The Learning Power Approach: Teaching Learners to Teach Themselves (2017)


by Guy Claxton

Claxton, Guy. (2017). The Learning Power Approach: Teaching Learners to Teach Themselves. Corwin Teaching Essentials. ISBN 978-1506388700.

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Guy Claxton

The Learning Power Approach: Teaching Learners to Teach Themselves (2017)

by Guy Claxton

Book Review by Sarah Gilmore

Some of the biggest, most revolutionary ideas in education are actually some of the simplest (but of course, ‘simple’ doesn’t equal ‘easy’!). What Guy Claxton is talking about in his latest book, The Learning Power Approach: Teaching Learners to Teach Themselves epitomises this paradox.

‘“Work hard at school; go to a good college; get a well-paid job; be happy” is not a storyline that parents can confidently spin to their children any more. Even 10 years ago, more than a quarter of the young people who graduated from college were without a full-time job three years later.’ (p. 79)

Many educational systems are already recognising the increasing difficulties our students are facing in finding employment and being successful beyond school. Often, however, the ‘answer’ seems to be more standardised testing, more academic rigour, and more ‘core’ skills such as numeracy and literacy. However, simply doing more of the same doesn’t seem to be changing outcomes for our students in the long term.

Dr Claxton argues that the skills and abilities our students need upon leaving school are different than they were when our education system was conceived in the industrial era. The Learning Power Approach (LPA) is all about developing in our students the ability and the inclination to learn by themselves, rather than relying on teachers and parents to provide solutions. To have Learning Power, our students need to have ‘learning dispositions’ such as curiosity, the ability to collaborate, determination and a willingness to make and learn from mistakes. I know of no teacher who would argue that any of those traits are vital to learning but, as Dr Claxton points out, the realities of prioritising the development of these traits over more measurable outcomes requires us to think about and approach education differently, at every level from teaching practice to school philosophy.

The Learning Power Approach: Teaching Learners to Teach Themselves, is only the first in a series: as Dr Claxton puts it, it is the ‘handle’ to which various ‘sockets’, aimed at different sectors of education, can later be fitted. As such, this first book is unashamedly conceptual - it lays out the background, the rationale and the conceptual underpinnings of LPA that are so important to help teachers and leaders appreciate why the daunting task of changing what we do in our schools, and how we do it, is so important. Conceptual it may be, but it is nevertheless very readable - I found myself reading it for enjoyment and being inspired and fired up by the arguments and the ideas being put forward. Alongside the big ideas there are frequent examples of easy-to-implement classroom practice that teachers can try out immediately to begin to build Learning Power in their students, striking a clever and delicate balance between the conceptual and the practical.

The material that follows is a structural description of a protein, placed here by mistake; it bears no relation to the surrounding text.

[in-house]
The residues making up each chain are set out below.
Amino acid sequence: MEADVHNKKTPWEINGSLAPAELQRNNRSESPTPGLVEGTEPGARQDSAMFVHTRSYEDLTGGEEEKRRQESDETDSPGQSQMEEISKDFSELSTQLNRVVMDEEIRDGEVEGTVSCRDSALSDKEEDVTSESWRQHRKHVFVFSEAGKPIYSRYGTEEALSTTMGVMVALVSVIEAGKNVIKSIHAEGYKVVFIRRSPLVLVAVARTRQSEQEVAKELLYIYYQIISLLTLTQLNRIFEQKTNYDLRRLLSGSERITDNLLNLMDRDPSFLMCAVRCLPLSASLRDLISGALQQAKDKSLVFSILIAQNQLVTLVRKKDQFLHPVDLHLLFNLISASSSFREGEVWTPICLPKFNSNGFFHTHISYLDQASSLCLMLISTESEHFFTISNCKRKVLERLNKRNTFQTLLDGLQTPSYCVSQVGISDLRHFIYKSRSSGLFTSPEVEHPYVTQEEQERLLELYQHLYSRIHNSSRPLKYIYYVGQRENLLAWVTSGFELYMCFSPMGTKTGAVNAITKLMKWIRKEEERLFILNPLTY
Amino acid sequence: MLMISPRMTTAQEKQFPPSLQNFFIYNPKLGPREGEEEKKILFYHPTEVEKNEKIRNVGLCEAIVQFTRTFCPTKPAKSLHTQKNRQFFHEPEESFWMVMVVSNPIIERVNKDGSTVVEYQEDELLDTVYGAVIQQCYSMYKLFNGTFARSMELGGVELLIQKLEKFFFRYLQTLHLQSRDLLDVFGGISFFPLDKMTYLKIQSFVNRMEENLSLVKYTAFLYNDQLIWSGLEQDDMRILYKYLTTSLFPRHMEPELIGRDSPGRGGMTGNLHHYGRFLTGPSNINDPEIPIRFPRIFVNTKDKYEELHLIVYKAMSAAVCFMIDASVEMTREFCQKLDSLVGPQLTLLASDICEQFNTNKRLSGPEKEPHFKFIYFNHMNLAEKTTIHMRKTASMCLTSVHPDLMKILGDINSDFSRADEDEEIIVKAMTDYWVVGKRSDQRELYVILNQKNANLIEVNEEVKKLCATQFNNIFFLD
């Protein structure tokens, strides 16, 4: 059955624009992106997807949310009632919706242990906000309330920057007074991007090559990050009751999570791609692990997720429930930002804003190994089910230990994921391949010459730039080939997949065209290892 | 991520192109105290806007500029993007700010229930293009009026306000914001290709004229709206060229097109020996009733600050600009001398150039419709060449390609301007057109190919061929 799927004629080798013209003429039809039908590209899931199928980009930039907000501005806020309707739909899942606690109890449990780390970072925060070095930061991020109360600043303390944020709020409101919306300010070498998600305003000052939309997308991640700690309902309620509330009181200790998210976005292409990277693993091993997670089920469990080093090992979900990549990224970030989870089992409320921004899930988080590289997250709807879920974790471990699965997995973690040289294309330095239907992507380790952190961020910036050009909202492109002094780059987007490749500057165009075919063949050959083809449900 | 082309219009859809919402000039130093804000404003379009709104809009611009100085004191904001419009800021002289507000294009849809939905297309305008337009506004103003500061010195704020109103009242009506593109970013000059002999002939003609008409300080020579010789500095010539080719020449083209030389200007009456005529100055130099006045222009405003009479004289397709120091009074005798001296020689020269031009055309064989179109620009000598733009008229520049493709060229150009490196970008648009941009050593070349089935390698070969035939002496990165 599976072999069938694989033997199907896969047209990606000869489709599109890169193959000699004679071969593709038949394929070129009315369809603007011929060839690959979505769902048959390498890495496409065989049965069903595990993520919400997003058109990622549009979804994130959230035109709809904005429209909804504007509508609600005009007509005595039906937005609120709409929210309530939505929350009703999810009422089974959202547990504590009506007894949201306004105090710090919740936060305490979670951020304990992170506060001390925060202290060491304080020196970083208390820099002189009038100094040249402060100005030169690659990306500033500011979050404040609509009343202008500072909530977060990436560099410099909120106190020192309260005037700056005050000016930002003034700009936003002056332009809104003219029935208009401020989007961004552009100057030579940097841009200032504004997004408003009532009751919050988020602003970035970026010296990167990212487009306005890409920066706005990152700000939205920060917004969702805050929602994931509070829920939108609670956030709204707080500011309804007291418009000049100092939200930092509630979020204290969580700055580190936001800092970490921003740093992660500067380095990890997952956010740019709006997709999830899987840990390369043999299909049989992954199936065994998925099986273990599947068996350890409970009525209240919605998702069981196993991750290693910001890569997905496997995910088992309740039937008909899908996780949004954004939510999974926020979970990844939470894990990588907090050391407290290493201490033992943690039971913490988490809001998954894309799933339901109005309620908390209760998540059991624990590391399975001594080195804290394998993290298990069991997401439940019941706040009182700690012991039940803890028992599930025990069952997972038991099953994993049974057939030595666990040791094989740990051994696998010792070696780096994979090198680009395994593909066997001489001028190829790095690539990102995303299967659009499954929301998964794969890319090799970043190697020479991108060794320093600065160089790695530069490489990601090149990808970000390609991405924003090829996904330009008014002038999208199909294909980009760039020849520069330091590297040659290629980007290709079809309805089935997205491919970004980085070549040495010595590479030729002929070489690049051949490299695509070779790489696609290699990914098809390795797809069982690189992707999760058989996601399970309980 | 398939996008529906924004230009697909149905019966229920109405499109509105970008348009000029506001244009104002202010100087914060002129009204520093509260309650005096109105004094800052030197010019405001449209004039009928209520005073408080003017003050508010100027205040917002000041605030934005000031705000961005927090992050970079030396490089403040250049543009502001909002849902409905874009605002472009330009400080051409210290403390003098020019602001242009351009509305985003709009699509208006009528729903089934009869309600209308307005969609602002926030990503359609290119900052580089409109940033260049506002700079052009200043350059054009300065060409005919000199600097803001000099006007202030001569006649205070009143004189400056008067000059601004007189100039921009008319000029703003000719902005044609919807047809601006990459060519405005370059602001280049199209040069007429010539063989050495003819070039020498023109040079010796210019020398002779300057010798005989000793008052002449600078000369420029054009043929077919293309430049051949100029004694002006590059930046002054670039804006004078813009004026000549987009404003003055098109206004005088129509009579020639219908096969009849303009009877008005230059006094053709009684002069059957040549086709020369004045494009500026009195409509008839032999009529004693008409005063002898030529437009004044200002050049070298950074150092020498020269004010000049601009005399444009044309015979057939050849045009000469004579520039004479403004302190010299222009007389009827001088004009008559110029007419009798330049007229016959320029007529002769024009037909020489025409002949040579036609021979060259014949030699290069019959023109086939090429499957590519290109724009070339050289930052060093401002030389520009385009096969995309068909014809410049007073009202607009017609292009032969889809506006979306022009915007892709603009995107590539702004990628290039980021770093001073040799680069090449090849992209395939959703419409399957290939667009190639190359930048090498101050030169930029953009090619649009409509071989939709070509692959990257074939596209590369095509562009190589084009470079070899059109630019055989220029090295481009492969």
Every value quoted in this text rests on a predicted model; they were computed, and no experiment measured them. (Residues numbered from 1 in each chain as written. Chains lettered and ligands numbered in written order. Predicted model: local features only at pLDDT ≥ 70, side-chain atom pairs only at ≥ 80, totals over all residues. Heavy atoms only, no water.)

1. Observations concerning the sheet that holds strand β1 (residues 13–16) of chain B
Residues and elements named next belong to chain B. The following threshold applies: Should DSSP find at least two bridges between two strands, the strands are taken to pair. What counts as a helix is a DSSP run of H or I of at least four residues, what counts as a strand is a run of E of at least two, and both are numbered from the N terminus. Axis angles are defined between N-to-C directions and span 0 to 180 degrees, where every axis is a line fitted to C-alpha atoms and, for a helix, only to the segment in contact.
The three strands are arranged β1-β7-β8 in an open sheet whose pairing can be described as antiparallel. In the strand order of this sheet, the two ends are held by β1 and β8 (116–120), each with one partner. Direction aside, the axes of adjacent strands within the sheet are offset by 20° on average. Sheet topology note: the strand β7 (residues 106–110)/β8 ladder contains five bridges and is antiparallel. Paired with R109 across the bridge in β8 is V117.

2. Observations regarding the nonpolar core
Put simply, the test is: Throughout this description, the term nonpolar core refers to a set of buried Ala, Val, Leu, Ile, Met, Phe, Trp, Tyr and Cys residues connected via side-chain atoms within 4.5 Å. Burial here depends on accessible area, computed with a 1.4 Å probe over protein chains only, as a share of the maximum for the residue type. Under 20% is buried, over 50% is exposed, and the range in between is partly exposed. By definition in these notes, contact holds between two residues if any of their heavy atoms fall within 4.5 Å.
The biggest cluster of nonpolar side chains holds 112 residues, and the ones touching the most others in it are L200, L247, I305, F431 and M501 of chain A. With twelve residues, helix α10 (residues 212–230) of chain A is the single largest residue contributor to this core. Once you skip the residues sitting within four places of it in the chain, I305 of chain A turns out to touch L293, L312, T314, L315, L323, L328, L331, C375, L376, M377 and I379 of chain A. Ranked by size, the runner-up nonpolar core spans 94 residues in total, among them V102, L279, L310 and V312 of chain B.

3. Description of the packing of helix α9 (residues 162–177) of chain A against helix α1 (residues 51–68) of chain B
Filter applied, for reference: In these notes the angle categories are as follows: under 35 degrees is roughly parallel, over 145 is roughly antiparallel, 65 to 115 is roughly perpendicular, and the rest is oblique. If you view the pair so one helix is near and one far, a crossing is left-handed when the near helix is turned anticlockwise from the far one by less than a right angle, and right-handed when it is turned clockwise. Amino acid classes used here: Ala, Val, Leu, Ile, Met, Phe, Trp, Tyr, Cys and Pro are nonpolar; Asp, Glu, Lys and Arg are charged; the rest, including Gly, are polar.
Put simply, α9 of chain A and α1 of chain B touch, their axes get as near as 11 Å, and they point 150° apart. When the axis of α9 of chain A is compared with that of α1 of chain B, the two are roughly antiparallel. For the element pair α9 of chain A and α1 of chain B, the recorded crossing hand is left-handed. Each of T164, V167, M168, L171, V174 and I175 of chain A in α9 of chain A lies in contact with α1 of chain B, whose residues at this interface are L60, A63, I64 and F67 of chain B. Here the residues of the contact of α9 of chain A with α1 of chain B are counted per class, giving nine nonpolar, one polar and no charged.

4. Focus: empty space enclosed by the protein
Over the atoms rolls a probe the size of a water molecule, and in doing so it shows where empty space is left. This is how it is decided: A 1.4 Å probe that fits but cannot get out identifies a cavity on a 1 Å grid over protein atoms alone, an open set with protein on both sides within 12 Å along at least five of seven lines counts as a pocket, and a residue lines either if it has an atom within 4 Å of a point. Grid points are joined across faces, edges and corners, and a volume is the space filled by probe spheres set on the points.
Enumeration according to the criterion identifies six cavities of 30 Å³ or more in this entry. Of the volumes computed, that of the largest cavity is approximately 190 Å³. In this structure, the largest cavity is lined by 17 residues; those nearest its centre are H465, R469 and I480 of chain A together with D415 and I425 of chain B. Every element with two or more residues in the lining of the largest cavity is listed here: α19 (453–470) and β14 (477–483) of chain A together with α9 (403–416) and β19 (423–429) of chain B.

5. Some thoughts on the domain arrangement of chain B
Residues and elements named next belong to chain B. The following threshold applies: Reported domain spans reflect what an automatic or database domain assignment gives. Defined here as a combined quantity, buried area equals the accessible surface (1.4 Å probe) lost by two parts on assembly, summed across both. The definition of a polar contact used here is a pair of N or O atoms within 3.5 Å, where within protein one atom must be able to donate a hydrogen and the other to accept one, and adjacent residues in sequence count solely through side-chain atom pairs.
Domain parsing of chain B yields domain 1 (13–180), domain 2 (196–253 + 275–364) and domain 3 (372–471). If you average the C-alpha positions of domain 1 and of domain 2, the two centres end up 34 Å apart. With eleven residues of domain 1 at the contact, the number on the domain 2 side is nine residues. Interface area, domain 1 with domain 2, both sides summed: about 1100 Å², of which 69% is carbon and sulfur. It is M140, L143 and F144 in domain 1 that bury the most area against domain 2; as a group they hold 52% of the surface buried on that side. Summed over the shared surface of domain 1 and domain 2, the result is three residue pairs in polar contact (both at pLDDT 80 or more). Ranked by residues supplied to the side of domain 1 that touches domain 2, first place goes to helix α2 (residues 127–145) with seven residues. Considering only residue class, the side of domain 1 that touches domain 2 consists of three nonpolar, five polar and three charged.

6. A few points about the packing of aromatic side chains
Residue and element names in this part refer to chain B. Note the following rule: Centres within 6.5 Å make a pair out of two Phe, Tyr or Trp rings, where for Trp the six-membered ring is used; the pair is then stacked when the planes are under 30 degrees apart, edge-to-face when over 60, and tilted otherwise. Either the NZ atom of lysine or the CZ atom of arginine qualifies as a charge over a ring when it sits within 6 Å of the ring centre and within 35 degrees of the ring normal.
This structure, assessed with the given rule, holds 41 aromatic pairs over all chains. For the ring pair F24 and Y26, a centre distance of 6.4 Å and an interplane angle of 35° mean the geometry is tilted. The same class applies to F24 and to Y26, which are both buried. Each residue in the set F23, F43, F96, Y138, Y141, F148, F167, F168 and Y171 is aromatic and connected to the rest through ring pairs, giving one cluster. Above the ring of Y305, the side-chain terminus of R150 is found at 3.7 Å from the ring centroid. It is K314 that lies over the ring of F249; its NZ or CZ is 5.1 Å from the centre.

Through Guy Claxton’s The Learning Power Approach: Teaching Learners to Teach Themselves you will gain a deep understanding of the why, and the how of helping our students to develop the dispositions they need to be successful learners. The taste we get of the what suggests that the other books in this series, when they hit the shelves, will be just as valuable.

I began this review by saying that the biggest ideas in education are often the simplest, and as you read this book you will be struck anew by how obvious it is that education needs to change. The Learning Power Approach, far from being a brand, a fad or just another initiative is a down-to-earth, achievable paradigm-shift in how we approach education. In systems like the International Baccalaureate (IB), the importance of learning dispositions is already accepted and embedded, but practice and attitudes can always go further to implement these approaches more effectively and meaningfully, and The Learning Power Approach: Teaching Learners to Teach Themselves can help you to do just that.

References:

Claxton, Guy. (2017). The Learning Power Approach: Teaching Learners to Teach Themselves. Corwin Teaching Essentials. ISBN 978-1506388700.

Sarah Gilmore

Educator and Consultant

Sarah Gilmore (BMus, PGDE Prim, MEd) is a graduate of the University of Edinburgh, and worked in state education in the UK before becoming an international school teacher. Since joining the international sector Sarah has worked primarily with the PYP, but has also worked with various national curricula in primary classes from Grades 1-6. In addition to her work with Professional Learning International, Sarah currently works at Berlin International School as a primary technology integration specialist, and is the co-founder of Intechgrate, through which she presents, leads workshops and consults on integrating technology effectively into education.

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The Learning Power Approach: Teaching Learners to Teach Themselves

7th - 8th March, 2019 in Frankfurt, Germany

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